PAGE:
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Monday, March 16, 2009

More of the wisdom of William Plomer

A very happy
St. Patrick's Day to you--
and to my mother on her
rather large St. Patrick's Day


from "A Writer's Faith"

"I believe in art because of its ability not only to console one when life is disheartening but for its power at any time to make life less disheartening and more exciting, to make life fuller and happier, when it already seems full and happy--when one is young, for instance, and in love, and beginning to succeed in one's chosen work."

"When we come to the question of what my belief in art has meant to me in my own life, I would say that it has meant first and foremost a battle. I do not mean a battle against any wavering or weakening of that belief held by me, but a battle against the pressure of the everyday world."


from "Leonard Woolf"

"Leonard Woolf loved life and enjoyed many things right up to the time of his last illness. But he did feel, and had reason to feel, like most people who can recall the atmosphere in the early years of this century and who were living above the powerty-line, that the kind of hopefulness or confidence which largely imbued life in Western Europe before 1914 became, from then on, hardly tenable and eventually impossible. He felt that civilization, in his sense of the word, had largely declined and had on a large scale been destroyed..."


from "C. P. Cavafy"

"Cavafy is like that old mirror which 'had seen, and seen, / In the many years it had been / In existence, thousands of things and faces;' and he has that kind of serene disillusionment and spiritual urbanity that is only to be found in old, noble, and corrupt civilizations." --C. P. Cavafy


from "R. S. Thomas"

"Round the obscure, small village spins 'on slow axis' a world 'vast and meaningful', everything matters, the transient is seen in the light of the eternal."


from "The Church Operas" (from essays on Benjamin Britten)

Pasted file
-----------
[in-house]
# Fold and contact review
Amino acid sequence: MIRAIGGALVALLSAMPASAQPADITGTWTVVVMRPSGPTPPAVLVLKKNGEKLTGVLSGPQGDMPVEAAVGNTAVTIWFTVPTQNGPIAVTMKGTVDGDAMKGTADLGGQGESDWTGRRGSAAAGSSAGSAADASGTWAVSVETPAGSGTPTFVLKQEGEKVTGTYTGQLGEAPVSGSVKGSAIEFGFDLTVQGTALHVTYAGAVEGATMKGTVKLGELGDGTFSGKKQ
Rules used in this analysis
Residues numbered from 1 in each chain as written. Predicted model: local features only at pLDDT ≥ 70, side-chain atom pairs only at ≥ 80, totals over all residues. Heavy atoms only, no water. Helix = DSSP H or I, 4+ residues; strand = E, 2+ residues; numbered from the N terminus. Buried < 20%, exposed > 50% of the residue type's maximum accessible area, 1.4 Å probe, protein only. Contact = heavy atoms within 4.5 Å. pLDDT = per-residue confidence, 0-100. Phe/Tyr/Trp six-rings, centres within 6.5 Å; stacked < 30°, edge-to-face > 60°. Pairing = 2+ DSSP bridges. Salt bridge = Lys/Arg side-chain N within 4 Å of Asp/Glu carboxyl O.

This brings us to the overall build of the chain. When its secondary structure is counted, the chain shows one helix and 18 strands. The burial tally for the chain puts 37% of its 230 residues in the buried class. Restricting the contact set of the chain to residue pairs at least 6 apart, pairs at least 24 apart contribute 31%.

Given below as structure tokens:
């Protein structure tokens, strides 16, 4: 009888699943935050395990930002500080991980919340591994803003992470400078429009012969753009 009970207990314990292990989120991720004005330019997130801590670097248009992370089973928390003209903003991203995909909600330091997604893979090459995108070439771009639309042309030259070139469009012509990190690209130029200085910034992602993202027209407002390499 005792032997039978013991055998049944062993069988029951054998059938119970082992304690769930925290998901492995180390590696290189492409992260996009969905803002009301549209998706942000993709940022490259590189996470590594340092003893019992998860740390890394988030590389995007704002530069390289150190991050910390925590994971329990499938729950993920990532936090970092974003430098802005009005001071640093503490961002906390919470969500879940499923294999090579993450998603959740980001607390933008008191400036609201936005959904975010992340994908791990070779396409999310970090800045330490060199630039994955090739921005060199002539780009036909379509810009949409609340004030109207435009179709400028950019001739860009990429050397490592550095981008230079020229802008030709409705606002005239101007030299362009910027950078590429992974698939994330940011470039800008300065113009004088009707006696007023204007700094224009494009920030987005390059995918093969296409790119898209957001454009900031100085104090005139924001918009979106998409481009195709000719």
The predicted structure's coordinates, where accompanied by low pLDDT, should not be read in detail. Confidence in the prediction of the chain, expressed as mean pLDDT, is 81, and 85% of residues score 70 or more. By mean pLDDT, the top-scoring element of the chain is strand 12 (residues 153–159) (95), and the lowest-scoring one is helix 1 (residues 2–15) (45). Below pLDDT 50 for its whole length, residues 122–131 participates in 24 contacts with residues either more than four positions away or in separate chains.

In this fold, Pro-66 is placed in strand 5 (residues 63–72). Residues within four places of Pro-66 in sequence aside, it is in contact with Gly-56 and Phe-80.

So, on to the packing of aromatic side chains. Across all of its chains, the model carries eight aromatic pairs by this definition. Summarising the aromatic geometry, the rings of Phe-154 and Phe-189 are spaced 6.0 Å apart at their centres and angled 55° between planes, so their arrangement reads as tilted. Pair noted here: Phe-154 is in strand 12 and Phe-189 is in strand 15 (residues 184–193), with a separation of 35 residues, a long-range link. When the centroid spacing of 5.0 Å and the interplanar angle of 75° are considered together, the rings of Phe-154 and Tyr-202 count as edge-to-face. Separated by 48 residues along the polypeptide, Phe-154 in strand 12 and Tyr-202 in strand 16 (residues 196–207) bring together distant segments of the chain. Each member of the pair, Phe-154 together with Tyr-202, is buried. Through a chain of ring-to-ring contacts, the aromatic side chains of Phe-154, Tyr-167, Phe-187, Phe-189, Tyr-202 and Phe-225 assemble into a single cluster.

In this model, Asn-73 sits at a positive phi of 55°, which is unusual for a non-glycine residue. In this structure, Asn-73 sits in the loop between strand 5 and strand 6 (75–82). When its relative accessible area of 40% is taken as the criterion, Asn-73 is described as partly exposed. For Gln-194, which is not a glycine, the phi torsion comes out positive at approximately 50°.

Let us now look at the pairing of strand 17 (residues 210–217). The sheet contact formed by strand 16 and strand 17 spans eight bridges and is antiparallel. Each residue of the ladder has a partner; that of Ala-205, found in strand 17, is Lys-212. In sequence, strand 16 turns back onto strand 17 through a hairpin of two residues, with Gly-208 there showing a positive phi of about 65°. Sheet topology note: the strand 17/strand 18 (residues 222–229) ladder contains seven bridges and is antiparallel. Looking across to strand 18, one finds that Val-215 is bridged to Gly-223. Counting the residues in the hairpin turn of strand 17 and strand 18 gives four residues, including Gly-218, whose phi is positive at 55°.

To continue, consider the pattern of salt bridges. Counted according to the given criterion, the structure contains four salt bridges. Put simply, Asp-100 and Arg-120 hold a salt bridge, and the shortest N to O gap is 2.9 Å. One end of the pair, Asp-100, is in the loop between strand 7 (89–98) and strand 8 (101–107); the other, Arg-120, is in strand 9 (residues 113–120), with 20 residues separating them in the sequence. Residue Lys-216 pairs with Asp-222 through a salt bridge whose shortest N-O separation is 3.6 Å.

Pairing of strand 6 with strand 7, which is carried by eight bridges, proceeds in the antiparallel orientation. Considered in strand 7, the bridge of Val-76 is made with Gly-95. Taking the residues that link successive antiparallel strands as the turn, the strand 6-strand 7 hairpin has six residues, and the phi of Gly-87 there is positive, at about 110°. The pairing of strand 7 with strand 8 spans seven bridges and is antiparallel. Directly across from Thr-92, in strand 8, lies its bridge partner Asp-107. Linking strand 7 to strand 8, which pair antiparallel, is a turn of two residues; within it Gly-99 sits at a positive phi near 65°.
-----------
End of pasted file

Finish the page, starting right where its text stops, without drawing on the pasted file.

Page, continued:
"It would be a mistake to suppose that the refinements of Nō make it a precious or remote or esoteric form of musical drama. 'The purpose of all art', Zeami wrote, 'is to bring sweetness to the hearts of all people and to harmonize high and low.'"


from "Marginalia" (27 July 1952: Houghton)

"Conversation with the Queen Mother about Elizabeth I. She said she greatly wished she had had a classical education. I asked her if she had had any classics at all. Only a little Latin, she said. She rather wistfully wondered how there could be a 'new Elizabethan Age' when people were too easily satisfied with second-hand things, cinema, television, newspapers, etc."


(17 May 1969)

At the Poetry Dinner at the Rembrandt Hotel, over which I presided, a Nottinghamshire member told me that there is an elderly chemist stilll living in Nottingham whose grandfather, or great-grandfather, carried on the same occupation there, being spoken of in those days as an apothecary. He relates that Byron's mother once came over from Newstead, and said that if Lord Byron were to come in and ask the apothecary to make up a poisonous draught, she wished him to dilute it with distilled water. Shortly afterwards Byron came in and said, 'If Lady Byron comes in and requires you to mix a poisonous draught, you will oblige me by diluting it with saline.' The apothecary supposed that these visits were the result of a great row between the mother and son.


from "Herman Melville"

"He saw what the world was and he saw what it might be, and the difference between these two visions sent him into a kind of trance."

Not enough? All these quotes from Plomer are from Electric Delights, a lovely book from David R. Godine.

Photograph of a whitewashed and thatched Irish cottage with rhododendrons and a heap of dried peat: courtesy of and the photographer, Mira Pavlakovic of Croatia.


  1. Sure a begorrah you've made my Saint Patty's day, and it's not even come yet!
    Interestingly, a friend in yoga class whose family hails from a small town in Ireland was telling me the other day that her brother sent a sample of saliva to a genome project at National Geographic and learned that he actually came from a largely ashkanazi Jewish background, something no one in his family now living ever suspected!
    Maybe if I sent in some of my saliva it would come out the other way!

  2. Robinka,

    I can see you among the Little People! You could be a giant among them at 4'11". No shrinkage since we last met, I hope.

    Interesting story--I didn't know that any of the Ashkenazim wandered to Ireland. Perhaps they wanted to acquire a pinch of the luck of the Irish.

    My known background is fairly uniform--English, Welsh, Scots (a few of whom became "Ulster Scots" in Ireland before moving on), and French--though there was certainly a lot of vigorous mixing going on.


Alas, I must once again remind large numbers of Chinese salesmen and other worldwide peddlers that if they fall into the Gulf of Spam, they will be eaten by roaming Balrogs. The rest of you, lovers of grace, poetry, and horses (nod to Yeats--you do not have to be fond of horses), feel free to leave fascinating missives and curious arguments.